Chronological Age Referencing The Michigan rule defining speech and language impairment
(340.1710) states that standardized assessment instruments or subtests must “indicate
inappropriate language functioning for the student’s age.” This means that test scores are
compared to the student’s chronological age.
Cognitive Referencing The Michigan rule defining speech and language impairment (340.1745)
does not state that standardized assessment instruments or subtests be compared in any way to
the student’s cognitive performance (i.e., Mental age or IQ). This practice of comparing a
student’s language performance to their performance on cognitive measures is referred to as
cognitive referencing. It is also known as using a discrepancy formula since one would attempt
to identify a discrepancy between language performance and cognitive performance (frequently
nonverbal cognitive performance).
Cognitive referencing is based upon several assumptions related to students with cognitive
impairments, and intelligence quotient (IQ) testing. Cognitive referencing makes the assumption
that treating children who do not have an IQ-language gap will be of no benefit. Research has
shown that this is not the case, that children without such a gap do indeed make demonstrable
gains from speech and language intervention (Cole, 1996). It also makes the assumption that IQ
measures are stable. It has been shown that scores on IQ tests may fluctuate both across tests and
within the same tests over time. Consequently, discrepancies are unstable (Plante, 2003).
Cognitive referencing was also based on the premise that there are non-verbal IQ measures to
compare with language measures. However, it questionable whether any IQ measures are truly
language free (Disney, Plante, Whitmire, & Spinello, 2003).
Although the 1991 version of this document encouraged this comparison, this was never part of
the Michigan rule or Federal law. Current law (both state and federal) does NOT mandate or
encourage cognitive referencing when determining eligibility for speech and language services.
In fact, the use of cognitive referencing as the sole determining factor may be questionable, since
IDEA 2004 guarantees that eligibility is based upon educational need versus a diagnostic
category and because all children must be provided a free and appropriate public education.
Introduction to SLI as a Primary Disability Michigan Speech-Language Guidelines 12/2006 SLI - 7
Recently, it is proposed that the implementation of a Response to Intervention models may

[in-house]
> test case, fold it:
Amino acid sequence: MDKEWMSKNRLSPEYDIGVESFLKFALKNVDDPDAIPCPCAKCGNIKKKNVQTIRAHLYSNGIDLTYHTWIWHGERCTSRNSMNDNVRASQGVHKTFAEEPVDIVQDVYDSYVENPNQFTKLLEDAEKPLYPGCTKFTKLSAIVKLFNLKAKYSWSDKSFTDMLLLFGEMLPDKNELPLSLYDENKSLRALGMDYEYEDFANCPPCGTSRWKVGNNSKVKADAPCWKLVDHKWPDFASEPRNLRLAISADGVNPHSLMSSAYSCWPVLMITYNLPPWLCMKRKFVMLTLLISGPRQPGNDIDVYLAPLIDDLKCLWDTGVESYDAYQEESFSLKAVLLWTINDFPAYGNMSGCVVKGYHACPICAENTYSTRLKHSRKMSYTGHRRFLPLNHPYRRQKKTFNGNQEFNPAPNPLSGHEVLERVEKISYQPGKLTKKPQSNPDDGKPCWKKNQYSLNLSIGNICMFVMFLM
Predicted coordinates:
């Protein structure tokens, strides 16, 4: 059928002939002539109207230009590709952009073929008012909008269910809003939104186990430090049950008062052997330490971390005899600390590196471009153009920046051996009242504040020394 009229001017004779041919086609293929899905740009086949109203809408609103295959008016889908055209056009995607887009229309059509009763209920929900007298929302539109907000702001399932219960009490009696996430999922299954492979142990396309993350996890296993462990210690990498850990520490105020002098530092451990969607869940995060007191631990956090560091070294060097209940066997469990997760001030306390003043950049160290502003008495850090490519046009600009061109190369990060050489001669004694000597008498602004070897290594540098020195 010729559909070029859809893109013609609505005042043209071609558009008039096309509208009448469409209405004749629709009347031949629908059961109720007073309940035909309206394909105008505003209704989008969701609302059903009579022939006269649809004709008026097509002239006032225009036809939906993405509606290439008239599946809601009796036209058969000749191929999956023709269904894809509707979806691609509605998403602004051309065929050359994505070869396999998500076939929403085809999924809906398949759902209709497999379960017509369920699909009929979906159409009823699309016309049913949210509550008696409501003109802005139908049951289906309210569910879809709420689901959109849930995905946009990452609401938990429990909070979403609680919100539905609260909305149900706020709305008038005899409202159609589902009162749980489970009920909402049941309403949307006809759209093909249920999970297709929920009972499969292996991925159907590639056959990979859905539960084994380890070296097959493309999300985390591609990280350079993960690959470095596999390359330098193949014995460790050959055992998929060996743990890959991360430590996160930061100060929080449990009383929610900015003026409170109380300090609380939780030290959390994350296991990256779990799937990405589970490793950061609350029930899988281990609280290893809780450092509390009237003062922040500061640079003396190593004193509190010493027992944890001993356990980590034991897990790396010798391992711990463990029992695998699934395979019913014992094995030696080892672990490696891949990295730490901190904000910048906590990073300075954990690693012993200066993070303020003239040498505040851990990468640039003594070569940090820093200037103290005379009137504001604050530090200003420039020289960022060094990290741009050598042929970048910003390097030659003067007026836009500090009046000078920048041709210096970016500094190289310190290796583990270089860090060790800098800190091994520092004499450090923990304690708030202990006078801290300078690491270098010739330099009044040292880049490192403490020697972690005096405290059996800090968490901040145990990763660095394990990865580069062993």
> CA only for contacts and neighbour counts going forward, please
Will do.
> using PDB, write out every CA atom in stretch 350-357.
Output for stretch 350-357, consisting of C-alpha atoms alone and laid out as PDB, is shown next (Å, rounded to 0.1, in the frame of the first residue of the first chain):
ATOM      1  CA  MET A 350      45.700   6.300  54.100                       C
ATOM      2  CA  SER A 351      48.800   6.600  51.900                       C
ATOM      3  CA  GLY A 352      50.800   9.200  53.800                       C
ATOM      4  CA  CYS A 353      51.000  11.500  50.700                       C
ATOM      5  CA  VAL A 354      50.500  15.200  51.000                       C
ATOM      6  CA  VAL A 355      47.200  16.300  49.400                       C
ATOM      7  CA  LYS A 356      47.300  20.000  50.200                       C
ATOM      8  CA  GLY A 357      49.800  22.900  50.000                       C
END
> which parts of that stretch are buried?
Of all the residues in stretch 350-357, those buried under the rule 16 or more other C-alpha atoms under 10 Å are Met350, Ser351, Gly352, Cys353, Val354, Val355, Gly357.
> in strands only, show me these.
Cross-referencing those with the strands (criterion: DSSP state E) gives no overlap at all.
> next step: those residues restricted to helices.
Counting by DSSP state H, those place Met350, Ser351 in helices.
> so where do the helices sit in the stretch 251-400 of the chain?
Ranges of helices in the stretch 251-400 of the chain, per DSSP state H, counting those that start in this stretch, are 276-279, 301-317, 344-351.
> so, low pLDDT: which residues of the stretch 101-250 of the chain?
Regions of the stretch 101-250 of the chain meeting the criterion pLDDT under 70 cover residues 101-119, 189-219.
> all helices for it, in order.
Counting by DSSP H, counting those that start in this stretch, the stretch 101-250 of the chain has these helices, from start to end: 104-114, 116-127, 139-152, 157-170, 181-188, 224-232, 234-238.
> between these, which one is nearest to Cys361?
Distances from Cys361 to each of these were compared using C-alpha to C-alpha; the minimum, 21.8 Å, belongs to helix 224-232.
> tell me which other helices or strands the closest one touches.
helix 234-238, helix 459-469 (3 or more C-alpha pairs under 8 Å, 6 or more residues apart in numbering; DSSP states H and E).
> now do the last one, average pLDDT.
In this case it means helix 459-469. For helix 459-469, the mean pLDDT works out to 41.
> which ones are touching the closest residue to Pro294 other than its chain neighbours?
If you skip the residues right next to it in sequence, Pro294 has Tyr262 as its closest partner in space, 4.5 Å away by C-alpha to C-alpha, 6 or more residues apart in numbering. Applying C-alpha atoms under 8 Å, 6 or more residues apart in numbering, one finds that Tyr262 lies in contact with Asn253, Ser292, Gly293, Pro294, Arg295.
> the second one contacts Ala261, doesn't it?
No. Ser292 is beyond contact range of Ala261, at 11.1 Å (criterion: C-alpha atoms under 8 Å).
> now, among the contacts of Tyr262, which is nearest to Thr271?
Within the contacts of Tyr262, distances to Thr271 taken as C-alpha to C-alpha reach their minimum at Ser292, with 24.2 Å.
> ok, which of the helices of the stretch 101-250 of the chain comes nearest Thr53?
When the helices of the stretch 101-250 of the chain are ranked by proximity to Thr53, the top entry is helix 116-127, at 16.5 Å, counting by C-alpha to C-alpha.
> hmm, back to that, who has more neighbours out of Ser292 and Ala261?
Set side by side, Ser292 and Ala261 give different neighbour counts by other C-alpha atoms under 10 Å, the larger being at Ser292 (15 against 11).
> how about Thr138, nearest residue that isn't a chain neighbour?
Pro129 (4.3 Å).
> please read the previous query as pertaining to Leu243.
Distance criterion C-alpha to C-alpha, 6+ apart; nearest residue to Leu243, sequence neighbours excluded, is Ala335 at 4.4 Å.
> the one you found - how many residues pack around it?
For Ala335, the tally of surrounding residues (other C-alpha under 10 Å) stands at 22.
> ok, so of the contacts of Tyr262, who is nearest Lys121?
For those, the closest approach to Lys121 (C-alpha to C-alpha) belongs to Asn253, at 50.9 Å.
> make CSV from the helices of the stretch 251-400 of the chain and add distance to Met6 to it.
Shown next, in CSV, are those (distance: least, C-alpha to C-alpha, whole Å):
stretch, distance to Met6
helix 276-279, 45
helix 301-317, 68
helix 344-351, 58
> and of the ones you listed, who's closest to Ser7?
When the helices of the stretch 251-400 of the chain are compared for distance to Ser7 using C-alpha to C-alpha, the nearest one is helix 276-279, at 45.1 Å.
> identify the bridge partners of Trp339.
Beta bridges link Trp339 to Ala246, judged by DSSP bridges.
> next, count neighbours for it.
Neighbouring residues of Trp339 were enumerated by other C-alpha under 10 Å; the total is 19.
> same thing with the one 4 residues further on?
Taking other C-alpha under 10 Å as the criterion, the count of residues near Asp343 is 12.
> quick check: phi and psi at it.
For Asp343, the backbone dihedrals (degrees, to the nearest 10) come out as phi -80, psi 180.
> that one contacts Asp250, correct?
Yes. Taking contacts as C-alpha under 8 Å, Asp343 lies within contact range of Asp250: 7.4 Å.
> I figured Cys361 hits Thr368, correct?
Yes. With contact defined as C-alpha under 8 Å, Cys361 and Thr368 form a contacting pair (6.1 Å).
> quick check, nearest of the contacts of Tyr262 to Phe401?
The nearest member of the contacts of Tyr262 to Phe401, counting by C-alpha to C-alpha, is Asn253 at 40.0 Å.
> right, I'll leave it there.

provide an alternative to cognitive referencing (Ehren & Nelson, 2005; Troia, 2005).
Cognitive referencing often becomes an issue for speech pathologists when students have low average
or borderline cognitive performance. The student struggles in school, but does not
qualify as cognitively impaired or learning disabled. These students often have learning
problems across several domains in addition to language problems. If the discrepancy model is
used for LD and not used for SLI, there is the potential for making the SLP the primary service
provider for a student needing significant levels of support, accommodations, and modification.
When a primary eligibility of SLI is considered, this should reflect the student’s primary
disability. If the team finds throughout assessment that the student has many learning difficulties
across several domains, then a plan needs to be designed to meet the student’s needs, whether it
be through general or special education. Responsibility for this should not rest solely with the
SLP. Hopefully, as Response to Intervention models are implemented, systems will be put into
place that will provide support to students who are struggling in general education. This will
enable students who do not fit the traditional eligibility requirements for LD and SLI to have
Determining Adverse Educational Effect, NCLB, and IDEA 2004
Since the publication of the last version of this document, there has been a significant shift of
emphasis on the student’s ability to progress educationally and the impact on their
communication deficits on educational performance. This is actually not a new aspect of
Michigan rule as the first part of rule 340.1710 has always pertained to educational effect: